IT'S interesting to speculate how very different history might have been if King George II, who died in 1760, had lived another five years or so.
George II was succeeded by his grandson, George III, who hated granddad and granddad's ministers, in particular William Pitt, arguably Britain's greatest statesman until Winston Churchill. On becoming king, George III replaced them with Tory cronies as limited as he in intelligence and character.
Pitt had guided Britain to victory in the first world war, which Americans called the French and Indian War. When it ended, the American colonies fell deeply into recession. There were no more orders for food for the British army, wood for the British navy, or pay for colonial militia.
George III's Tory ministers compounded economic hardship by imposing a series of taxes. Americans railed against the Townshend Acts, the Stamp Act, and the tax on tea because of their outrage at being taxed without representation. But much of the outrage was fueled by the real economic hardship the taxes would have imposed.
Pitt - who loved Americans and was loved by them - never would have imposed such taxes. Had he remained in power during this critical period, I think it probable there would not have been an American Revolution.
The connection between depression and war is greater than most people realize. Hard economic times tend to radicalize people, and to turn them toward violence. Hitler never would have ruled Germany, nor Mussolini Italy, if it hadn't been for the Great Depression.
Conservative Republicans are fond of saying it wasn't Franklin Roosevelt's New Deal that ended the Great Depression; it was World War II.
Conservative Republicans are fond of saying this because it is indisputably true. There was a "depression within the Depression" in 1937 and 1938. Unemployment was at 15 percent - double today's figure - in 1940. It wasn't until industrial production was revived by military orders, and unemployed young men were being drafted - that the economy began solidly to grow.
But conservative Republicans rarely reflect on why it was that World War II ended the Great Depression. One who has is economist Bruce Bartlett, a Treasury Department official in the administrations of Ronald Reagan and the first President Bush.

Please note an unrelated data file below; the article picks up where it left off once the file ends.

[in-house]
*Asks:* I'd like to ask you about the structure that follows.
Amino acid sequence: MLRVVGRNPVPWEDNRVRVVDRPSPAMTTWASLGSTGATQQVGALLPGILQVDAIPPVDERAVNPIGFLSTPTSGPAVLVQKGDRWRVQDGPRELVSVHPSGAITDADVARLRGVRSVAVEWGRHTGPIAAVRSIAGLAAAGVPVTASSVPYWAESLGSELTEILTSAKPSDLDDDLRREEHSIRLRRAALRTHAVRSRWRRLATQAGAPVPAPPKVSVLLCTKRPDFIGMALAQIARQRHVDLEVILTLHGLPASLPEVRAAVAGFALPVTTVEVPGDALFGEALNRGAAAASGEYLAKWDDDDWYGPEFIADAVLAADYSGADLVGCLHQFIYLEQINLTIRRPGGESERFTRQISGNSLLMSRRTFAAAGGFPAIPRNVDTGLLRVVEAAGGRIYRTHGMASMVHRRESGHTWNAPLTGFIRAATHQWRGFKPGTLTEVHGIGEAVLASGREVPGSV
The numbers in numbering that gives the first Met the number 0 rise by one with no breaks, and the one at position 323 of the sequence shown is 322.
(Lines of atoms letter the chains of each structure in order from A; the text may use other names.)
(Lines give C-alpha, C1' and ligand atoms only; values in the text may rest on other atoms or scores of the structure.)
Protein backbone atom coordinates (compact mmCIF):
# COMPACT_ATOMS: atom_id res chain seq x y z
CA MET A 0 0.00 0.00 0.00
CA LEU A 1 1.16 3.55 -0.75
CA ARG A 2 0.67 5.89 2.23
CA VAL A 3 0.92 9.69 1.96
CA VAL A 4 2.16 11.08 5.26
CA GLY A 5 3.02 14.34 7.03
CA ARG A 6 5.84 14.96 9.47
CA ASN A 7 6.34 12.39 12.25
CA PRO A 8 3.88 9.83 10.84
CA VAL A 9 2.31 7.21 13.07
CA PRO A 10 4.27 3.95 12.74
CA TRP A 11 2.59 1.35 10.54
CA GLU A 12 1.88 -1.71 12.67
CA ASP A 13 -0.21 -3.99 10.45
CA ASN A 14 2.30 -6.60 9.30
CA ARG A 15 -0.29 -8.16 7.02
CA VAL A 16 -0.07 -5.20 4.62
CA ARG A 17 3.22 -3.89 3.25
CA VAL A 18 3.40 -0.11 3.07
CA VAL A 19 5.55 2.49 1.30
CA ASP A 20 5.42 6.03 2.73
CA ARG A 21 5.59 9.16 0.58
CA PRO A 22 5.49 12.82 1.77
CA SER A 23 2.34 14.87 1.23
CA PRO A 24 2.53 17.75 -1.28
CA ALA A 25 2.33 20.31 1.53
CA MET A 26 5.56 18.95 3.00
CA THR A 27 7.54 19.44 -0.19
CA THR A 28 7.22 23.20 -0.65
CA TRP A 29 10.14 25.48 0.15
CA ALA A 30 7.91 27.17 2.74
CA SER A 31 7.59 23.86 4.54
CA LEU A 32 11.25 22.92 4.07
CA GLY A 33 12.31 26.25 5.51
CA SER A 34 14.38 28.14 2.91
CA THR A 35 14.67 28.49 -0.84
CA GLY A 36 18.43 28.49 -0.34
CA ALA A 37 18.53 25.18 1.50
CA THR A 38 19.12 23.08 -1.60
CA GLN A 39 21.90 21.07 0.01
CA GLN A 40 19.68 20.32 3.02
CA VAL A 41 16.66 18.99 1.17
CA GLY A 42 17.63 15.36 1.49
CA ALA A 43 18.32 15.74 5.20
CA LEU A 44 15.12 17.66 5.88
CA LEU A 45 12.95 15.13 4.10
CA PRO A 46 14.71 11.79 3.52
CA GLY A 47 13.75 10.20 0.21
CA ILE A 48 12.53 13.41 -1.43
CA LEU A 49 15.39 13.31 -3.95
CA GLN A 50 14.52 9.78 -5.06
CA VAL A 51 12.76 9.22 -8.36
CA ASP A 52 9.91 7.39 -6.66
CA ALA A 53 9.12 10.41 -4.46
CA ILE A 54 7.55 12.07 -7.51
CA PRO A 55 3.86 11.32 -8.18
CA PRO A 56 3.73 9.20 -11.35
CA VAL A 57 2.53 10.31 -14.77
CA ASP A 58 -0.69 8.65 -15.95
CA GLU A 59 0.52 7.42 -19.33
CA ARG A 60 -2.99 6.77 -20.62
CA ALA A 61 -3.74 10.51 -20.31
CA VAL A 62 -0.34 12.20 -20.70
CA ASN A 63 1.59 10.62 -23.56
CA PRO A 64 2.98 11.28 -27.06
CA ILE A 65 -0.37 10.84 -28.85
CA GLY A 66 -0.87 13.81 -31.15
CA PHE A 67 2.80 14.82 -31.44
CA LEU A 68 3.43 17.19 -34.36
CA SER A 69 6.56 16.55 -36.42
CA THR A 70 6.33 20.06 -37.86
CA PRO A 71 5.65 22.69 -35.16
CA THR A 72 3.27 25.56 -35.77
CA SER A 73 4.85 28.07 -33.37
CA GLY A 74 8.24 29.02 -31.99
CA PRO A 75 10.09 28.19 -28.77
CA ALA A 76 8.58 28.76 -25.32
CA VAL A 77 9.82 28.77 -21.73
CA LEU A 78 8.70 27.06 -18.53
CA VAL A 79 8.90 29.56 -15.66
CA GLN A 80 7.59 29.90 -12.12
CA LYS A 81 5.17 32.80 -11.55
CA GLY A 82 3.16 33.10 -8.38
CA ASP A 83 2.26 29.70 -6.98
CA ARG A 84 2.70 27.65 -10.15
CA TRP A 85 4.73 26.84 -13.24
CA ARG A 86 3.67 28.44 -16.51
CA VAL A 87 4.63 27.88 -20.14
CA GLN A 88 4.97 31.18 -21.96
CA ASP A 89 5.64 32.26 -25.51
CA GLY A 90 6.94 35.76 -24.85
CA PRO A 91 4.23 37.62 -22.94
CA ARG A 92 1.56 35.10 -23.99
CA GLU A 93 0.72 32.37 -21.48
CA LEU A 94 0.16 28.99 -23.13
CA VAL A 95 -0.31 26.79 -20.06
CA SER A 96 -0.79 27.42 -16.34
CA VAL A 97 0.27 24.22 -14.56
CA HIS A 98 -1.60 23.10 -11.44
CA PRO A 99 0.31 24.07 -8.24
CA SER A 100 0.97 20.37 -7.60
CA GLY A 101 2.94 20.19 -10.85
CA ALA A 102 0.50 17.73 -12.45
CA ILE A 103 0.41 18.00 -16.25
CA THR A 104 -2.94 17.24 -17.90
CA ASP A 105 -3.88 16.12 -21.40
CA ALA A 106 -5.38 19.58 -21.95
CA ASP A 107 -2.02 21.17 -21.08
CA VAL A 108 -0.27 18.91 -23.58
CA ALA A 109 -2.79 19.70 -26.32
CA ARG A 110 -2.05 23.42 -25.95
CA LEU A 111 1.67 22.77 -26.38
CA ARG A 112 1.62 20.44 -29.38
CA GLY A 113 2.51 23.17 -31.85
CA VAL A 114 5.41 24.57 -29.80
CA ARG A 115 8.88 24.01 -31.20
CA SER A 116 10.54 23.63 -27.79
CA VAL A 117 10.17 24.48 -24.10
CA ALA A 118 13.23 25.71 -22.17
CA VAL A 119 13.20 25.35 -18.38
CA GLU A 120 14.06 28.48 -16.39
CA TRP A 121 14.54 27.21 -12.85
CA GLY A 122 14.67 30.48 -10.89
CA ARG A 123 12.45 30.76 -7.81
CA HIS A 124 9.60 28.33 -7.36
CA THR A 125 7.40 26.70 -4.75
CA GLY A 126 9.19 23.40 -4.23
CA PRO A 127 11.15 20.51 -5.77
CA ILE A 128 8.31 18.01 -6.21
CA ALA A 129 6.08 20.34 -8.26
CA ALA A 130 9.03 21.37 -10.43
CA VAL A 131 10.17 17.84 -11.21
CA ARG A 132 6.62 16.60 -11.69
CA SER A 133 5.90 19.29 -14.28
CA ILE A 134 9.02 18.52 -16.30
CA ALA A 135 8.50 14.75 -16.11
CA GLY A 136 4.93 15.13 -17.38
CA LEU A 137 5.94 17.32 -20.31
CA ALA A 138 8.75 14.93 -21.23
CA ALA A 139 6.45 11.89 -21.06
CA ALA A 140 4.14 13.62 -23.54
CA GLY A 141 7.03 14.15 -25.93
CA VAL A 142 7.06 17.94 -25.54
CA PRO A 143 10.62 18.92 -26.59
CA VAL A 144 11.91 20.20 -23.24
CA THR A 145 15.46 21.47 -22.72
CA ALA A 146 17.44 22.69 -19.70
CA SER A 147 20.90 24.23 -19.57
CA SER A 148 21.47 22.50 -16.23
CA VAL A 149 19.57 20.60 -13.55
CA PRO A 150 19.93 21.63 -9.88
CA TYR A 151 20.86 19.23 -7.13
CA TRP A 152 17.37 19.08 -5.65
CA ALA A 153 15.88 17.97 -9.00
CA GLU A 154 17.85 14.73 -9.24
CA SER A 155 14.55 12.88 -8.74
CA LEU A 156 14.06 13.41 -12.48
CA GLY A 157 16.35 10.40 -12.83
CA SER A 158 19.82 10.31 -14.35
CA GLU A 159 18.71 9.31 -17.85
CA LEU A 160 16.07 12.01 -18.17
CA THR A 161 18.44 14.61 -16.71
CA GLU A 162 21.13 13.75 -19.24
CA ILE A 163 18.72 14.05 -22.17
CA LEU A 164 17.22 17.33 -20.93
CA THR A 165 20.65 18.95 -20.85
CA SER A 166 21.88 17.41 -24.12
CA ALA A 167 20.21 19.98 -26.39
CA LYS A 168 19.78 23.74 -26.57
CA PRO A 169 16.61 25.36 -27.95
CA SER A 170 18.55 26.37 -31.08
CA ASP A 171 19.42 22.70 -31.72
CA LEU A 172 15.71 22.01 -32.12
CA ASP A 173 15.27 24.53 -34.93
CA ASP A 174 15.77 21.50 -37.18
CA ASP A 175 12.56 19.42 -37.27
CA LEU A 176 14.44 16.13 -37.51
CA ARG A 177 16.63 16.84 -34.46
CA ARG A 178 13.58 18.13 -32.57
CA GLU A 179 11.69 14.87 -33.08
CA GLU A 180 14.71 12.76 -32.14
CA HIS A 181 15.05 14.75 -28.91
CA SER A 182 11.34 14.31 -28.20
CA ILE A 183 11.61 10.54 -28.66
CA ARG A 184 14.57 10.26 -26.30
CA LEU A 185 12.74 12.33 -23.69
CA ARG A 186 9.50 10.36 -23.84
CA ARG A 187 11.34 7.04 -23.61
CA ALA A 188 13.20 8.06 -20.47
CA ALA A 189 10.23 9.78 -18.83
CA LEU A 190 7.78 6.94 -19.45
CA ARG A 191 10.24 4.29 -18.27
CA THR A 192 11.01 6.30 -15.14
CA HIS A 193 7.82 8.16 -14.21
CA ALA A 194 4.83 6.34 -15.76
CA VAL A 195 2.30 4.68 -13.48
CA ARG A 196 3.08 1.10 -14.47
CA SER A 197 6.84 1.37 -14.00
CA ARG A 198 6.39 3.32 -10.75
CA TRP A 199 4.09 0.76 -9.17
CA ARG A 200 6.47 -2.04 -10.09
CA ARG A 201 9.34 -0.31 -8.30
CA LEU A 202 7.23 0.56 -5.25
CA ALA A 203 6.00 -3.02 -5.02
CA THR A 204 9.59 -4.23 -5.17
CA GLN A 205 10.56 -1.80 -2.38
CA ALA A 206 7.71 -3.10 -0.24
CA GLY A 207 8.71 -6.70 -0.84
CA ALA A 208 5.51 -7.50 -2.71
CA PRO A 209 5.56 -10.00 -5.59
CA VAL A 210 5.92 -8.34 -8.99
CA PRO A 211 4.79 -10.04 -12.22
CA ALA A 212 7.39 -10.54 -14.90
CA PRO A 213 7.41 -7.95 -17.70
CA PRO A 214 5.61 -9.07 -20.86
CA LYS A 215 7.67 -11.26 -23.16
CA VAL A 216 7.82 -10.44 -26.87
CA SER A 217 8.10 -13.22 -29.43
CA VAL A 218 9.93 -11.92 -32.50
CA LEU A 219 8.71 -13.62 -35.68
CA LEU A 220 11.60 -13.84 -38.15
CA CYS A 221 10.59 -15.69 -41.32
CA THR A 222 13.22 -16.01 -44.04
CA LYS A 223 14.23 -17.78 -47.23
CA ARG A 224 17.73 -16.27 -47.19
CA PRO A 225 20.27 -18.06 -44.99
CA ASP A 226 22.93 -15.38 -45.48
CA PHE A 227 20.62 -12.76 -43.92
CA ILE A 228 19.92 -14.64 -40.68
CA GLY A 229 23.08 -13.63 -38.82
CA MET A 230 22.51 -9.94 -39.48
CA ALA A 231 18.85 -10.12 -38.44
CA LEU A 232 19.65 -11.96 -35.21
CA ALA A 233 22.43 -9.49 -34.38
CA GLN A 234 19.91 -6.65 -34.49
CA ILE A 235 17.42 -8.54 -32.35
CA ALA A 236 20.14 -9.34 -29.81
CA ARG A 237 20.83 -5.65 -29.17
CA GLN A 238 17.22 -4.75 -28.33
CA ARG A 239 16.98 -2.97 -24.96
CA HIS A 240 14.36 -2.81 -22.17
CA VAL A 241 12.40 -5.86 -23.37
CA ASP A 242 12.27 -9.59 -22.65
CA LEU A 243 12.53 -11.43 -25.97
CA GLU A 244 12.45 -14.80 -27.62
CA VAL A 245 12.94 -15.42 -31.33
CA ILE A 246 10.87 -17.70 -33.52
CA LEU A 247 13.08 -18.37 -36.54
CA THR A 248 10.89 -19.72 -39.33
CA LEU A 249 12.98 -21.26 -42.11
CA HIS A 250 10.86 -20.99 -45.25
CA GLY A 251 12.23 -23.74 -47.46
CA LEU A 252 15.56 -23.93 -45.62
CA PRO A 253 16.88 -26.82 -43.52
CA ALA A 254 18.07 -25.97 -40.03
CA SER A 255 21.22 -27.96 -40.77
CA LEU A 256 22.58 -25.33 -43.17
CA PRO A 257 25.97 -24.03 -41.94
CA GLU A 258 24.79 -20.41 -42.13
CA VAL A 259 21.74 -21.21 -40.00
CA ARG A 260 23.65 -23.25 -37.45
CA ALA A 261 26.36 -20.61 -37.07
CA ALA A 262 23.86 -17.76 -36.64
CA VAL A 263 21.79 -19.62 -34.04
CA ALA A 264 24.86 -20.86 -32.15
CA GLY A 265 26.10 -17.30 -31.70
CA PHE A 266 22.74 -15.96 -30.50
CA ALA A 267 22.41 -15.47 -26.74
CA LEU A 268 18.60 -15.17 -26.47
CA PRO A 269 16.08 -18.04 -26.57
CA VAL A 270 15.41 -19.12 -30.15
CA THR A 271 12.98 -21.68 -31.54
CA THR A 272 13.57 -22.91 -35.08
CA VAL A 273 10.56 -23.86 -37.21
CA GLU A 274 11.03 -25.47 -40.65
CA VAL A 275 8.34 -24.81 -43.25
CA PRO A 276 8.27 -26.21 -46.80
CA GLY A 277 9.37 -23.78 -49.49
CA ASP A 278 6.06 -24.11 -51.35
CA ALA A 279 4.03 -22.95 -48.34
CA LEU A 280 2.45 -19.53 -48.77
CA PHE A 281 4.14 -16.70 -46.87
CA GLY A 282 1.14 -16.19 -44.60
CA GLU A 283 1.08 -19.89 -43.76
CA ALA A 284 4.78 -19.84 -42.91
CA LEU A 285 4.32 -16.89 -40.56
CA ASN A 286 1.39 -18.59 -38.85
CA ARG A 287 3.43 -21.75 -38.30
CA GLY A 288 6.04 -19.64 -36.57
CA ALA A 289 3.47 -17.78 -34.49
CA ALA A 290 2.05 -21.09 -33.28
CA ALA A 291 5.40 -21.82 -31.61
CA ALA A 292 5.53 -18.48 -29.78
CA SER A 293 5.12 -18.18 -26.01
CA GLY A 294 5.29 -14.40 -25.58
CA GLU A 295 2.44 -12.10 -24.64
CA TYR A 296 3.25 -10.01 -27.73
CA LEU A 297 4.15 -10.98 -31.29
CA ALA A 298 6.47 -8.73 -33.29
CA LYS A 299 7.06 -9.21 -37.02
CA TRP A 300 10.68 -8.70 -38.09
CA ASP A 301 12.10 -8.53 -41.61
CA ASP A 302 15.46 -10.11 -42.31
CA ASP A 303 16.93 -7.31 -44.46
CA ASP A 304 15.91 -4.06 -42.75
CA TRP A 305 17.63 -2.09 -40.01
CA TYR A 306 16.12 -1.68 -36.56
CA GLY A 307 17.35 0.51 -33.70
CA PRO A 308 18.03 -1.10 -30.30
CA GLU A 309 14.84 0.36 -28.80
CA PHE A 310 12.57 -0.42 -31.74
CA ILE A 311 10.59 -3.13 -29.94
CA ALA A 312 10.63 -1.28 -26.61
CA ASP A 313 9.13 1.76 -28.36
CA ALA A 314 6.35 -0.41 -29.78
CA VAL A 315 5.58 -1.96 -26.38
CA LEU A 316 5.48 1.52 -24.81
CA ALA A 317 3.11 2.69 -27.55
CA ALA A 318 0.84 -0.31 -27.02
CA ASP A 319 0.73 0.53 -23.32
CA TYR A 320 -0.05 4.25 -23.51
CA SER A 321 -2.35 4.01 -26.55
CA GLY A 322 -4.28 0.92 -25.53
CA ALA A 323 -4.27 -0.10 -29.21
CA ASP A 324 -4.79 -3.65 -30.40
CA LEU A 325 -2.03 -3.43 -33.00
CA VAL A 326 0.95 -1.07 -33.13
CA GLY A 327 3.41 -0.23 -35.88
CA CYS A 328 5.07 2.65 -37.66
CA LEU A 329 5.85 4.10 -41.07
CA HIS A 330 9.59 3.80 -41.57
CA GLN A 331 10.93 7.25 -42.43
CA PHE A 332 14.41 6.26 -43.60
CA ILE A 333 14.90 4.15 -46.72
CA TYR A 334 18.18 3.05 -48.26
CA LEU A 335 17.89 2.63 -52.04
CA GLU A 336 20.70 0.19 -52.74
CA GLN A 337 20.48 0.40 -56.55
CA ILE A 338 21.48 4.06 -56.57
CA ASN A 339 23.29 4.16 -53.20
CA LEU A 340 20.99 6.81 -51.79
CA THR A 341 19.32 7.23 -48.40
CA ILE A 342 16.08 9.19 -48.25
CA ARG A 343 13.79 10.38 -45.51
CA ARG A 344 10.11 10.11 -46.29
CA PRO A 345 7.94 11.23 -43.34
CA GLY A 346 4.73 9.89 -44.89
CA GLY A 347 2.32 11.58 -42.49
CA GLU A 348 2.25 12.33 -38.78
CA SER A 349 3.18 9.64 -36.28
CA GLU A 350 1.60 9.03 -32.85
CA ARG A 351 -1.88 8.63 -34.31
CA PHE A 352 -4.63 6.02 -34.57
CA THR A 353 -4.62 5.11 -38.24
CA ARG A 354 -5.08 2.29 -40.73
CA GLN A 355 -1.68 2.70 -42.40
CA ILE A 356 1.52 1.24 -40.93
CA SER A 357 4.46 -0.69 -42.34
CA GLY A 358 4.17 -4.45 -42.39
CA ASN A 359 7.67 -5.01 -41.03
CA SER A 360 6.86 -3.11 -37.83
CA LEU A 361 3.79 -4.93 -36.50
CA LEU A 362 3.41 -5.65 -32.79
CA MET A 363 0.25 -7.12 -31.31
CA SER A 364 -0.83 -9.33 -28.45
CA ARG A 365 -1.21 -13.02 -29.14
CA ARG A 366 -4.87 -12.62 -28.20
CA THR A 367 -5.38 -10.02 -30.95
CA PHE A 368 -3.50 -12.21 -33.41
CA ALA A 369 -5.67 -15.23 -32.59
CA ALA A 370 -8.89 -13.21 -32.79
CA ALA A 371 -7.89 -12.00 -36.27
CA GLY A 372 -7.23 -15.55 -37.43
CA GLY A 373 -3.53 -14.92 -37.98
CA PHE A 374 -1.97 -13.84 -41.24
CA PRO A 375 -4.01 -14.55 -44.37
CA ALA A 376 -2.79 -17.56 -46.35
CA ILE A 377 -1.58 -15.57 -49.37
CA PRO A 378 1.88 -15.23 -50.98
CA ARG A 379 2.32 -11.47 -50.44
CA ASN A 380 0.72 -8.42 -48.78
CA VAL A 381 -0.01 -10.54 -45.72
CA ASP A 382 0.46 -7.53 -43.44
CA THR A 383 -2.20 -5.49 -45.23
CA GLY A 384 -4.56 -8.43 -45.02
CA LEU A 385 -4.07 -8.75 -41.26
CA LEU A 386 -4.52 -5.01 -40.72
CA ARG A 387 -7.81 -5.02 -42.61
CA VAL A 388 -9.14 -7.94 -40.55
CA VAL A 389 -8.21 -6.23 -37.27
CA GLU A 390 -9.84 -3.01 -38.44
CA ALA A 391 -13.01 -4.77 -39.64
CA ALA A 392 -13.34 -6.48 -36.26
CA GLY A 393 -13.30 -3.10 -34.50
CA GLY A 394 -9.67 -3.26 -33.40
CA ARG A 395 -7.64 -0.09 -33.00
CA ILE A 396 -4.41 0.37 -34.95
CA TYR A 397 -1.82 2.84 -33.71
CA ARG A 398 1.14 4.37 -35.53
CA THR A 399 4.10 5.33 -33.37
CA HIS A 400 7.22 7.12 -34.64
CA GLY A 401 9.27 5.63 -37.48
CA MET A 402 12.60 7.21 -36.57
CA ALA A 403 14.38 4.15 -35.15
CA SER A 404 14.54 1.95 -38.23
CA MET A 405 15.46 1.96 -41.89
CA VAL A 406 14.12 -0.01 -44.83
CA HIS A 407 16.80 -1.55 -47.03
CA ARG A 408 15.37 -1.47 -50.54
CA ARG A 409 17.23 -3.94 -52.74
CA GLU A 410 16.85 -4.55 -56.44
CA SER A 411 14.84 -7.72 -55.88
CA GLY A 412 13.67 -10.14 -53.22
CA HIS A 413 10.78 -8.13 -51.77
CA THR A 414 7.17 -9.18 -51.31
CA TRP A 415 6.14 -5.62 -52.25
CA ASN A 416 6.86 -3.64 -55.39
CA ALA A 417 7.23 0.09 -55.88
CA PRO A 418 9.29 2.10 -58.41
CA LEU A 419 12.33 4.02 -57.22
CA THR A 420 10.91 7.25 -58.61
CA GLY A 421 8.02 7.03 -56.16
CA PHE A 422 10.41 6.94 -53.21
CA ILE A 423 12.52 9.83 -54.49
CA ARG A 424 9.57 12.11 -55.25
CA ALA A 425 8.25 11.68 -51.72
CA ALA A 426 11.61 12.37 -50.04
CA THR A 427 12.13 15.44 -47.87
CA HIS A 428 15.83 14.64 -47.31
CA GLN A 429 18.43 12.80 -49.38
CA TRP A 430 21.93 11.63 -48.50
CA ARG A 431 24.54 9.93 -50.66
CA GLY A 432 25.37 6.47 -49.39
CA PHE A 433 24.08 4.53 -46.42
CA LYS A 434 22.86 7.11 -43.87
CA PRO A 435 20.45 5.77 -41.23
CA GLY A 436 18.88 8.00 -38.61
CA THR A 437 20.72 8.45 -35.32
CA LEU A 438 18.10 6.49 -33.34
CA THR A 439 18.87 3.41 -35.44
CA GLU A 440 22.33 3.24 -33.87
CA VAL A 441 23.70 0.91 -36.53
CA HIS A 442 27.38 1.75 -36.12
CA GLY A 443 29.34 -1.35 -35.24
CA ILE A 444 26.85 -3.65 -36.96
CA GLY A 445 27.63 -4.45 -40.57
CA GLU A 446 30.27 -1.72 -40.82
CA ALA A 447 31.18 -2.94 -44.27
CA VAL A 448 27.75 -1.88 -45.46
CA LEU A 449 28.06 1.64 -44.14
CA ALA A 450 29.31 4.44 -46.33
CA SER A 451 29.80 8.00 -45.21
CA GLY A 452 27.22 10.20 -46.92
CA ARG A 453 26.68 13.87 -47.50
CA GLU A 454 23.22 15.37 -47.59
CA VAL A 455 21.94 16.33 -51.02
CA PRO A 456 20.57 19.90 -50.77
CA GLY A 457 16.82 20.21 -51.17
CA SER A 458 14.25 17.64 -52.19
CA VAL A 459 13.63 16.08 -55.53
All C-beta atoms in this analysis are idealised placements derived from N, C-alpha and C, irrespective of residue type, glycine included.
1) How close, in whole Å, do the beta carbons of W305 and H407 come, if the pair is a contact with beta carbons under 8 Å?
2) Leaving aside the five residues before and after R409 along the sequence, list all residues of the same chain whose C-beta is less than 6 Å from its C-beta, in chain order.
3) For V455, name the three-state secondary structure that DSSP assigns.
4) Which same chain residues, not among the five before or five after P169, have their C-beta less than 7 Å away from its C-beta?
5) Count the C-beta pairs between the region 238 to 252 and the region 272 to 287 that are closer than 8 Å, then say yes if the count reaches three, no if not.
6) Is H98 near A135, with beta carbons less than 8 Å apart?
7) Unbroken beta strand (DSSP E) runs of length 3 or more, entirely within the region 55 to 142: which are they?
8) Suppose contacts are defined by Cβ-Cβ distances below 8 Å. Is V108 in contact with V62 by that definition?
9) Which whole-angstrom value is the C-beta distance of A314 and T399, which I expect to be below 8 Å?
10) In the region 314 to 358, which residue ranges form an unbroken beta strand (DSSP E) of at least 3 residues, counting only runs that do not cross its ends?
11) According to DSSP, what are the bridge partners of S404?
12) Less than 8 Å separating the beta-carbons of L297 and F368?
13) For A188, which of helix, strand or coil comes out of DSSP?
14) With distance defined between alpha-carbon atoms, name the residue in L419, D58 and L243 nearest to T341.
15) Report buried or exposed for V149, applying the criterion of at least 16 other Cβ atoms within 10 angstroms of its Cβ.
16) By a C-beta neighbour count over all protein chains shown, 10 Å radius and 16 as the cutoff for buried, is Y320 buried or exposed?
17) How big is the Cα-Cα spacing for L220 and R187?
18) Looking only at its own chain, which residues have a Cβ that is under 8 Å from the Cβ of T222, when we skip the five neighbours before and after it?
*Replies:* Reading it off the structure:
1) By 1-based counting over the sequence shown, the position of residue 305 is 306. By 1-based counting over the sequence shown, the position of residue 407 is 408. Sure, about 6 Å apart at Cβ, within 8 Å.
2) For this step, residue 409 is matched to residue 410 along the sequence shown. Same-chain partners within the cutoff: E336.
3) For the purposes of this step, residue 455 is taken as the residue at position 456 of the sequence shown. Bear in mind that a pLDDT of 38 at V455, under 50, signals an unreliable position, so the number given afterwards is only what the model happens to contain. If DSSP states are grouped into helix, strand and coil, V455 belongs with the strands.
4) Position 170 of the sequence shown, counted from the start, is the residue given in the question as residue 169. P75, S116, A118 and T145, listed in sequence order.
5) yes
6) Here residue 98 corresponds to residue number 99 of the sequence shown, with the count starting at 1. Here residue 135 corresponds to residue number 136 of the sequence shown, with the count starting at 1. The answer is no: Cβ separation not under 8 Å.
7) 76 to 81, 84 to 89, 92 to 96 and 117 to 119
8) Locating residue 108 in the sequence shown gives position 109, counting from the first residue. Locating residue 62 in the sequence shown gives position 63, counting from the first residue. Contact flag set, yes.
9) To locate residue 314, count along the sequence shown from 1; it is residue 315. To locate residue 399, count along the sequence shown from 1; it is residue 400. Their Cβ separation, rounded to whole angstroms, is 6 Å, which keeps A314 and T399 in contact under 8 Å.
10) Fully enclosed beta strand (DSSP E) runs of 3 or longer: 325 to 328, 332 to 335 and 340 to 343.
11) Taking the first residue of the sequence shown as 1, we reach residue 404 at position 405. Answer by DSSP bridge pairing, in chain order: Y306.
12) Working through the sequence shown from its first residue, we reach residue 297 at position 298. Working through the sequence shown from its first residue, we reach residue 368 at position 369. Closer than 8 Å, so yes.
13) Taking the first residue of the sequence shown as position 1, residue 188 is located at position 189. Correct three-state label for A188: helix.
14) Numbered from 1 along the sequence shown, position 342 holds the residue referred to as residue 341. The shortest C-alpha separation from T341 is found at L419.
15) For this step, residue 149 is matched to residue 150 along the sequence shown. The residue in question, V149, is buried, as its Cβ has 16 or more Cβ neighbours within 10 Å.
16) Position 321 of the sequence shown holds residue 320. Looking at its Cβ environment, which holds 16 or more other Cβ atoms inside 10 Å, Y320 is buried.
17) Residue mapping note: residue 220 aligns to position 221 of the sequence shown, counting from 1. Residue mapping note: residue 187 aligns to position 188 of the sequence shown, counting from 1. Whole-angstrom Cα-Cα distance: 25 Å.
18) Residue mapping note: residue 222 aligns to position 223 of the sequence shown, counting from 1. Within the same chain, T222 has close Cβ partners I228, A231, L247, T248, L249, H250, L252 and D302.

FDR made many mistakes which deepened and prolonged the Depression. But deficit spending - which conservative Republicans then and now criticized - wasn't one of them. FDR should have run much larger deficits, Mr. Bartlett said. When World War II forced him to, the economy recovered.
Deficit spending is bad, conservatives say, because it crowds out private sector borrowing, driving up interest rates and spurring inflation. In normal times, this is true. But in deflationary times - like those in the Great Depression and now - it is not.
What's wrong with the "stimulus" bill President Obama signed Tuesday is not its size - Mr. Bartlett thinks it's too small - but what it's being spent on, and when it will be spent.
The fastest way to inject stimulus into an economy is through tax cuts. That's also the fastest way to build wealth. But there are precious few tax cuts in the porkalooza. Little of the spending in the bill will take place in 2009, which means it will come too late to help when help is needed most.
FDR's public spending left projects of lasting value, like the Triborough bridge in New York and the Muscle Shoals dam in Alabama. But much of the spending in the porkalooza is for entitlement programs, which are a dead weight on the economy, the opposite of a stimulus. The porkalooza is a recipe not for recovery, but for Jimmy Carter-style stagflation.
The American Revolution worked out all right for us, and for the British, too. But poor political leadership in a time of crisis usually has unhappier results. It's important for both liberals and conservatives to get stimulus right, because war is a fearful price to pay for economic recovery.
Jack Kelly is a columnist for The Blade and the Pittsburgh Post-Gazette.
Contact him at: firstname.lastname@example.org